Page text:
How can DBT image reading time be decreased?

There is powerful potential for improvements out there, but we also should not forget that reading images has always been a matter of training and experience

Sophia Zackrisson

‘If I had an answer to that, I’d probably be rich. It’s a difficult question with no clear-cut solution. However, there are several promising studies and approaches. One way to shorten reading time could be to use the so-called slabbing technique, where thinner image slices are combined in thicker slices to reduce the image volume.

Hotly discussed are also developments including AI and Deep Learning. I myself would like to navigate easier in the tomo-stack, so a CAD system that indicates important features or lesions would be much appreciated. I could also imagine a system trained on a big data set that gives you a rating of probability of malignancy to be beneficial. So CAD and AI are very likely the way forward to assist radiologists finding the relevant parts in the DBT volume more quickly. 

Another interesting experiment was conducted recently: Our research group used an eye tracker to see how fast readers were finding lesions in differently presented DBT images, and found out that, when DBT images were displayed horizontally, the radiologists read them a lot faster, because their eyes were more adjusted to the horizontal alignment.  

There is powerful potential for improvements out there, but we also should not forget that reading images has always been a matter of training and experience. It’s not unthinkable that we can reduce time and improve sensitivity and specificity significantly simply by working with DBT on an every-day basis. It has almost become a proverb by now, but we really need more studies in this area.

If you start using DBT in your own practice, you soon notice how many cancers you miss with 2-D only and usually that’s enough to convince people

Sophia Zackrisson

There’s still a lot of information to analyse from the trial, such as biological tumour characteristics. But, we are also planning to execute a meta-analysis of three studies in the first step – the STORM, Oslo and Malmö trials – including even more trials along the way to get influential results and see if we can show, for example, a common decrease in interval cancers. 

The question that always comes up is: are we going to implement tomosynthesis in screening? Ultimately, I don’t know, but I am positive that it could happen. Breast cancer screening is one of the best screening programs we have in Sweden, but DBT could enhance it even more. It will be a long journey, but I’m convinced that, if you want to improve, tomosynthesis is an easy way forward. You just replace a unit in the same building in the same room with the same technologies and receive better mammography. People only need to be convinced of the benefits.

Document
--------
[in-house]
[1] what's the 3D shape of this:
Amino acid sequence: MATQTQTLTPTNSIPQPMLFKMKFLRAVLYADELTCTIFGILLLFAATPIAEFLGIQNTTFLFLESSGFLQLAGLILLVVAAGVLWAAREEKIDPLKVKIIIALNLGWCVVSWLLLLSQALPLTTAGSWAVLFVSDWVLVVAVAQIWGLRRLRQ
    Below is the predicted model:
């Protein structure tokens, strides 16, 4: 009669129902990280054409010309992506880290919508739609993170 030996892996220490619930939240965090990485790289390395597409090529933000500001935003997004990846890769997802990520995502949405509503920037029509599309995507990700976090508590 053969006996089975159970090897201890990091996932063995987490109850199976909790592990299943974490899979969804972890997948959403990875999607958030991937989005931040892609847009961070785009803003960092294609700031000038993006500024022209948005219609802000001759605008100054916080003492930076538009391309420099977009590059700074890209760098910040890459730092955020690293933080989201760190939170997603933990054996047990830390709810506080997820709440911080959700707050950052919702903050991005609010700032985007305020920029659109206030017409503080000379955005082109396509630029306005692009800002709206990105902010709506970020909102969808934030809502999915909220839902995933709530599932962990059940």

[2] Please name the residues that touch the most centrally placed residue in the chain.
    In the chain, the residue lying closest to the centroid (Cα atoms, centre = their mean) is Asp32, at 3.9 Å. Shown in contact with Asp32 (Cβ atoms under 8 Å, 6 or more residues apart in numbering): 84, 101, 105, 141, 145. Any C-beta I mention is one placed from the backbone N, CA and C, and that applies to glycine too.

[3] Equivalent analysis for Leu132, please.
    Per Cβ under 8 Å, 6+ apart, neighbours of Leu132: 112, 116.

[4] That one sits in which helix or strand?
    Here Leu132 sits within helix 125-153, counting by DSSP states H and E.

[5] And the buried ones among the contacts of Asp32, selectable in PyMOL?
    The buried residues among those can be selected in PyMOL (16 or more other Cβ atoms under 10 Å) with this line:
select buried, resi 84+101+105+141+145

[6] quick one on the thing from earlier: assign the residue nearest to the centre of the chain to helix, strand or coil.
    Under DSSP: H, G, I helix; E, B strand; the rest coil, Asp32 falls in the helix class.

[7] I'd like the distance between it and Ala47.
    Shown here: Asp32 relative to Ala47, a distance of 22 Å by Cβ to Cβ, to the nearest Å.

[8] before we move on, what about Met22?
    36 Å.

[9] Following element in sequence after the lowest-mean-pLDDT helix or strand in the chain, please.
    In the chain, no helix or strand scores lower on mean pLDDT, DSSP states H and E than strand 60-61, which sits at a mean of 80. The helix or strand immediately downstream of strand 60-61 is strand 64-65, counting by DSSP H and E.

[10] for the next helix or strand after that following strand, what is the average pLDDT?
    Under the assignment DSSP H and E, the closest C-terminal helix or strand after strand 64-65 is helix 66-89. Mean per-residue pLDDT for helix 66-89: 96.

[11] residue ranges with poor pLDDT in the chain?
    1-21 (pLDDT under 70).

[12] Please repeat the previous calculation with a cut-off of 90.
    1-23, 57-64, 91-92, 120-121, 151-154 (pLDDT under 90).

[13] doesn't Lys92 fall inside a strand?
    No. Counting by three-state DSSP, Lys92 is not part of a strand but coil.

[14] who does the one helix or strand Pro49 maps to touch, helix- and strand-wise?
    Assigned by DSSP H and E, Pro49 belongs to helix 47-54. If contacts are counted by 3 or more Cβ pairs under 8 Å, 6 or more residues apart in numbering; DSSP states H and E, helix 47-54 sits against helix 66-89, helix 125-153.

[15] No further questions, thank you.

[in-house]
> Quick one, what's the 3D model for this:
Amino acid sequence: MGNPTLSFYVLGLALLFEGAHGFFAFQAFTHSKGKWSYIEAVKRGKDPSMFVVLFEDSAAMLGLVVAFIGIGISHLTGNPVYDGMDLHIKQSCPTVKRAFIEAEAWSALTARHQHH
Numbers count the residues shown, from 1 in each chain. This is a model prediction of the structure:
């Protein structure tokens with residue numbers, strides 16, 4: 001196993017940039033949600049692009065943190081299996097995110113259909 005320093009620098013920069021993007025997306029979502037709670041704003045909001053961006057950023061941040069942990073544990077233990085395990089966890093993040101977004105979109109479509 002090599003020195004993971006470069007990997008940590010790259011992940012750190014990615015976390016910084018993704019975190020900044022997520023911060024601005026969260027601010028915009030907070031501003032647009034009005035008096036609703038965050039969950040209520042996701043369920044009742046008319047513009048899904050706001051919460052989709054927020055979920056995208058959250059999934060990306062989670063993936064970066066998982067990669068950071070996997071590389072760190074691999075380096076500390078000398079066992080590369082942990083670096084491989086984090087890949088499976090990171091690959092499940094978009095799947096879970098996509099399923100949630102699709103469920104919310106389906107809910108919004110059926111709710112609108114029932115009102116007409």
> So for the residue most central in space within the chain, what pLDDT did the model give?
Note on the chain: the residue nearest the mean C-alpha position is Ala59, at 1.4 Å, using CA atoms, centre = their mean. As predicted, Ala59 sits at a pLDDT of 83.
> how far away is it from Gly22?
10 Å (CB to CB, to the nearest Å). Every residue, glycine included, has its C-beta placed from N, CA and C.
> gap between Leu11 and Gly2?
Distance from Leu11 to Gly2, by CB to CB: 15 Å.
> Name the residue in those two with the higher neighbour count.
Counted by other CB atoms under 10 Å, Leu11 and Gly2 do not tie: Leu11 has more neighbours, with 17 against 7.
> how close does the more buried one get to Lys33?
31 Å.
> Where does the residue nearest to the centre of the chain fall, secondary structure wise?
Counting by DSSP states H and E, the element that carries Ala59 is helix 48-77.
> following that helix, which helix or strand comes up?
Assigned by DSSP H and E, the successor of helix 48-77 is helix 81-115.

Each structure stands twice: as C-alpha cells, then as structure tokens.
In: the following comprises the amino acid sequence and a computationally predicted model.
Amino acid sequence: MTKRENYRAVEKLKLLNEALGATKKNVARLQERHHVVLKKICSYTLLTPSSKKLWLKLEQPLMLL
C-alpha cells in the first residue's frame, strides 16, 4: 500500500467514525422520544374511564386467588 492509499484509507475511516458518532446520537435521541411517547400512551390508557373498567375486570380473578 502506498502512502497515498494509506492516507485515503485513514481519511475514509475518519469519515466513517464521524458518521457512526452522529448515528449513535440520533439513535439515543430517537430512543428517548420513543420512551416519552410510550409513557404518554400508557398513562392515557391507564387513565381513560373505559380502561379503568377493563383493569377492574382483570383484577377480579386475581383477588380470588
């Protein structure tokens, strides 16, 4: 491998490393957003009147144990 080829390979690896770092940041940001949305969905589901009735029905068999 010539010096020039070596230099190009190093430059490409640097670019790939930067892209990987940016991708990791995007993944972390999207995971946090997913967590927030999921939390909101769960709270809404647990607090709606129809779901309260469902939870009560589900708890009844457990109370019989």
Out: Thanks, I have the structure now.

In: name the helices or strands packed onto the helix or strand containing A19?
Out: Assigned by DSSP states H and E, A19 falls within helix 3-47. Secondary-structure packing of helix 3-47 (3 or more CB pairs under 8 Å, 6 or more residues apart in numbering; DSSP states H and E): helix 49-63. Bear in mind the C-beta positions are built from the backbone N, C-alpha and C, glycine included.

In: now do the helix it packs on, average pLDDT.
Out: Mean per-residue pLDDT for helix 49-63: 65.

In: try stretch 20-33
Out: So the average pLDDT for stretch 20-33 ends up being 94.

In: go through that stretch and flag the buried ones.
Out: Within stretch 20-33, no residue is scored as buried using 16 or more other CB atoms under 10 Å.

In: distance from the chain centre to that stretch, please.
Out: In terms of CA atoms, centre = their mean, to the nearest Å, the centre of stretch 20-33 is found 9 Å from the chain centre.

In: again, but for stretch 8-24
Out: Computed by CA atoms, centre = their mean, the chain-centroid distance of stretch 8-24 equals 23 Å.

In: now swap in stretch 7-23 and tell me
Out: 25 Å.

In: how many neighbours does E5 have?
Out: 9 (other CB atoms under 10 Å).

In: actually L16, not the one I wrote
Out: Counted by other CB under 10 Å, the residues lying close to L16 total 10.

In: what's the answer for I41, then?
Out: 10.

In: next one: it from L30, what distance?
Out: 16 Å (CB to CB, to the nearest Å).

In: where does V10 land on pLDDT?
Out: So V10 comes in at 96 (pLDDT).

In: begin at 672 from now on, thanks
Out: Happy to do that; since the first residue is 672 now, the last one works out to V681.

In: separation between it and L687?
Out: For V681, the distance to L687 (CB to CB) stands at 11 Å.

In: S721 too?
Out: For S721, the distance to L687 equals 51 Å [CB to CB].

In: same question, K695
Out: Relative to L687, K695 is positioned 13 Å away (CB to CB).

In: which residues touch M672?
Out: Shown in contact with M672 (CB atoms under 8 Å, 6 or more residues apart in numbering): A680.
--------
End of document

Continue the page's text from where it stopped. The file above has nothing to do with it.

If you start using DBT in your own practice, you soon notice how many cancers you miss with 2-D only and usually that’s enough to convince people. Tomosynthesis is not perfect and we should not have blind faith in it, but it’s a great screening tool for a vast majority of average risk women. Personally, I think that a grass roots approach would help. Start in several places by installing units in different centres and invite radiologists to try them out. When using it yourself, you really understand what the technology can give.’


Profile:

Associate Professor Sophia Zackrisson MD PhD is senior consultant radiologist at Skåne University Hospital in Malmö, Sweden, and a senior lecturer in radiology at Lund University and research group leader of diagnostic radiology. Her research focus lies on mammography screening and breast cancer. She received her medical degree from Lund University in 1999 and her PhD in Epidemiology in 2006. Following her residency in radiology in Skåne, from 2012-17 she headed the department of oncological imaging at Skåne University Hospital.

29.08.2018